Athens - Greek manufacturing activity shrank for the 40th month running in December, hurt by weak domestic demand and slumping export orders, leading firms to shed yet more jobs, a survey showed on Wednesday.
Markit's purchasing managers' index (PMI) for Greek manufacturing, which accounts for roughly 15% of the economy, fell to 41.4 points in December from 41.8 in November.
The index has now held below the 50 mark dividing growth from contraction ever since September 2009, just before the country's massive debt problems came to light, triggering the crisis that has plagued Greece.
December's decline in manufacturing output was the steepest in four months, bringing the average for the fourth quarter to 41.4, down from an average reading of 42.0 in the third quarter.
In November, Greece adopted a new round of austerity measures to qualify for its next batch of EU/IMF bailout payments, expected to keep its economy in recession for the sixth straight year in 2013.
The government expects gross domestic product (GDP) to contract by 4.5% next year from 6.5% in 2012.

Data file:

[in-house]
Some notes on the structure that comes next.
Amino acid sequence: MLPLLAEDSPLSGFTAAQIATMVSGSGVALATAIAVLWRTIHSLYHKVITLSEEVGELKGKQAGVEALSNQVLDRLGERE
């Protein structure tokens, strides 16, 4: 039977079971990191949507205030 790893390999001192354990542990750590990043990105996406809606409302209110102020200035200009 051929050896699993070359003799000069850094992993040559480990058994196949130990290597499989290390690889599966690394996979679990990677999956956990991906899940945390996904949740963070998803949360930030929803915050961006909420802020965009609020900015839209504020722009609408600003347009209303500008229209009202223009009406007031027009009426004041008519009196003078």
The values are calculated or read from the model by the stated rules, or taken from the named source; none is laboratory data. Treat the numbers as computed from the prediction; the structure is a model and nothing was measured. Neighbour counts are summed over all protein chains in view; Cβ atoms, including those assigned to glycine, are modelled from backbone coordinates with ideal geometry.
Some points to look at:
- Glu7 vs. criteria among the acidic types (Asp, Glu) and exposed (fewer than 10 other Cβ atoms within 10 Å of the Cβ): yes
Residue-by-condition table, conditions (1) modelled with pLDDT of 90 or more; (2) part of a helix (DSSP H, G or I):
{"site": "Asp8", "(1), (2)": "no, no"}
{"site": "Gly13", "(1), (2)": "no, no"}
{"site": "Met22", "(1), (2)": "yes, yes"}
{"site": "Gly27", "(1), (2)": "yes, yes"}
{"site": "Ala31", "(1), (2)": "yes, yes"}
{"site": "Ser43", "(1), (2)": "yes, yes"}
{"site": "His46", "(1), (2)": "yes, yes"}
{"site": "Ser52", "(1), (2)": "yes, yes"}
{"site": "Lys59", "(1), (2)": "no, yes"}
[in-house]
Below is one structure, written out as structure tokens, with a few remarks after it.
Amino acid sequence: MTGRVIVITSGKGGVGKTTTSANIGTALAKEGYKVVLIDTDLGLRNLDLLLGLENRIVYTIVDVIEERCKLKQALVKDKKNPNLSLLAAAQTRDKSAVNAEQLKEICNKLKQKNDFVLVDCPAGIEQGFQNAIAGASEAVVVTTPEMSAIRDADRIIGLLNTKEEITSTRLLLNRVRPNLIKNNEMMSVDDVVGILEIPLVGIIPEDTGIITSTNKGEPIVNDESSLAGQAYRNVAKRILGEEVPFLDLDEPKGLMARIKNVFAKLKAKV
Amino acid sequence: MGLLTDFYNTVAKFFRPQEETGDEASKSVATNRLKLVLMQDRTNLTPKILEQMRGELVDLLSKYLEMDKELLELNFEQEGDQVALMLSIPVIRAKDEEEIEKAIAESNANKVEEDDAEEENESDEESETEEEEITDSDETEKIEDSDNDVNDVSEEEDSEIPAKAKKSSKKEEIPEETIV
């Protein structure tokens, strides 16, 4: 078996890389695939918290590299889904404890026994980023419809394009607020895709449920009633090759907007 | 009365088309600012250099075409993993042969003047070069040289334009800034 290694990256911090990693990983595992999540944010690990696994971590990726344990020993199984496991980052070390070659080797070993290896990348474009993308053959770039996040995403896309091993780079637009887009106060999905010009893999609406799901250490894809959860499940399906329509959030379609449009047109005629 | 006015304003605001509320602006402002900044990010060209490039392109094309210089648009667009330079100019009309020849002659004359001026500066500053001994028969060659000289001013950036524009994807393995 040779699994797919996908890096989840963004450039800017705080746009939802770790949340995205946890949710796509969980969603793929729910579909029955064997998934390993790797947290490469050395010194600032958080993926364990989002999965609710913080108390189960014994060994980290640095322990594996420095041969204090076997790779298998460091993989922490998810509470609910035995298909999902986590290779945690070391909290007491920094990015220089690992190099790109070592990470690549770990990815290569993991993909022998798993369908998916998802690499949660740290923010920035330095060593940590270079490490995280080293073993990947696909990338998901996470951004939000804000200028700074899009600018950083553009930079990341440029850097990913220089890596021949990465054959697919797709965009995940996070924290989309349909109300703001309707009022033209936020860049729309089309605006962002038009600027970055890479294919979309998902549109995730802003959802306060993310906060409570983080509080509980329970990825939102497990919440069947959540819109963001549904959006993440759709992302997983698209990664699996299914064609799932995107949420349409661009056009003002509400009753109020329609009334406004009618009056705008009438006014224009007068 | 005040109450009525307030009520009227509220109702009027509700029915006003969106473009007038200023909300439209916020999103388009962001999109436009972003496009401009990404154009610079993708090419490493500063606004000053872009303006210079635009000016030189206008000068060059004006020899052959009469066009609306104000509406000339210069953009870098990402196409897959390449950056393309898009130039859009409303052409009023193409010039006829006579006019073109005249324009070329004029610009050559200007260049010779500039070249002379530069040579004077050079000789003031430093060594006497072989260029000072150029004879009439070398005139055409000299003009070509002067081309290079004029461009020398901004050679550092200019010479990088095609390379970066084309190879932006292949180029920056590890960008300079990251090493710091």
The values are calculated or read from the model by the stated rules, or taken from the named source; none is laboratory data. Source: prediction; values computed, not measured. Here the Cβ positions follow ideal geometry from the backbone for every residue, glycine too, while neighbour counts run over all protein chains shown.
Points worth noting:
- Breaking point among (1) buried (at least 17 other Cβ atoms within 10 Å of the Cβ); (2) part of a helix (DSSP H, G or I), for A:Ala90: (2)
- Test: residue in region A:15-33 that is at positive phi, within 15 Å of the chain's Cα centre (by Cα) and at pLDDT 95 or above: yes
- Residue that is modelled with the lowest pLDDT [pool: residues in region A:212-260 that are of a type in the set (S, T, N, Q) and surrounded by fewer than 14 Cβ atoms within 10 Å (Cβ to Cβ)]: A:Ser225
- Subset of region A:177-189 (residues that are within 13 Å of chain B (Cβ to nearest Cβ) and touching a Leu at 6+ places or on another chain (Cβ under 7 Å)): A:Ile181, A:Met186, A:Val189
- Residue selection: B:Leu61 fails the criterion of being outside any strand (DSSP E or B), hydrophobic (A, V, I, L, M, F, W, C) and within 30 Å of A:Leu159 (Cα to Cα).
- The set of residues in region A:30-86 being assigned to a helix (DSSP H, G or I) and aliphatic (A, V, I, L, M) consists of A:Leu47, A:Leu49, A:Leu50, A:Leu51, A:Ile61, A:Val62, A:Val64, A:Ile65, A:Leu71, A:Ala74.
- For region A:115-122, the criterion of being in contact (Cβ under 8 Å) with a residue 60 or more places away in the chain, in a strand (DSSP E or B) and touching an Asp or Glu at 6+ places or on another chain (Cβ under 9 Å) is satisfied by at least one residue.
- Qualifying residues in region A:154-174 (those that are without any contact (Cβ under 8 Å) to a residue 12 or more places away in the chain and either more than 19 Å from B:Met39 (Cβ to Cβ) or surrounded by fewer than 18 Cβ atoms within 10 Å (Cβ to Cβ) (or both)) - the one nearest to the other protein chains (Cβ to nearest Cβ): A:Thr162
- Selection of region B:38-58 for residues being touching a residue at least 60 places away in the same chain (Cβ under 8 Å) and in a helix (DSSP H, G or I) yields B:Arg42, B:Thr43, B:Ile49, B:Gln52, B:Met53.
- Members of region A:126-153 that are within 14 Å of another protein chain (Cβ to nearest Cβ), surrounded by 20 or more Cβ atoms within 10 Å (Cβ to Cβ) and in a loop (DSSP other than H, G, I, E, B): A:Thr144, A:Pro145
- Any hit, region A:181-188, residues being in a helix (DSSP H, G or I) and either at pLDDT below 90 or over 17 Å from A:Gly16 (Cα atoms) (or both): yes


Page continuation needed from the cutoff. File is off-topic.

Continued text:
"December data showed no sign of the downturn in Greece's manufacturing sector easing," said Markit senior economist Phil Smith.
"Of particular concern was a faster contraction in new export orders, a trend which has deteriorated considerably since the start of the year," he said.
Greek manufacturers saw a near-record drop in new orders from abroad in December, exceeded only by heavier falls in November 2008 and January 2009.
Weak sales led manufacturers to shed staff again in December, weighing on the country's record-high unemployment rate of 26%. Almost 24% of surveyed firms reported a reduction in payroll numbers since November.
Despite falling demand, input price inflation continued to rise in December on the back of higher raw material prices. Competitive pressures led firms to cut output prices to secure new business.
Follow Fin24 on Twitter, Facebook, Google+ and Pinterest.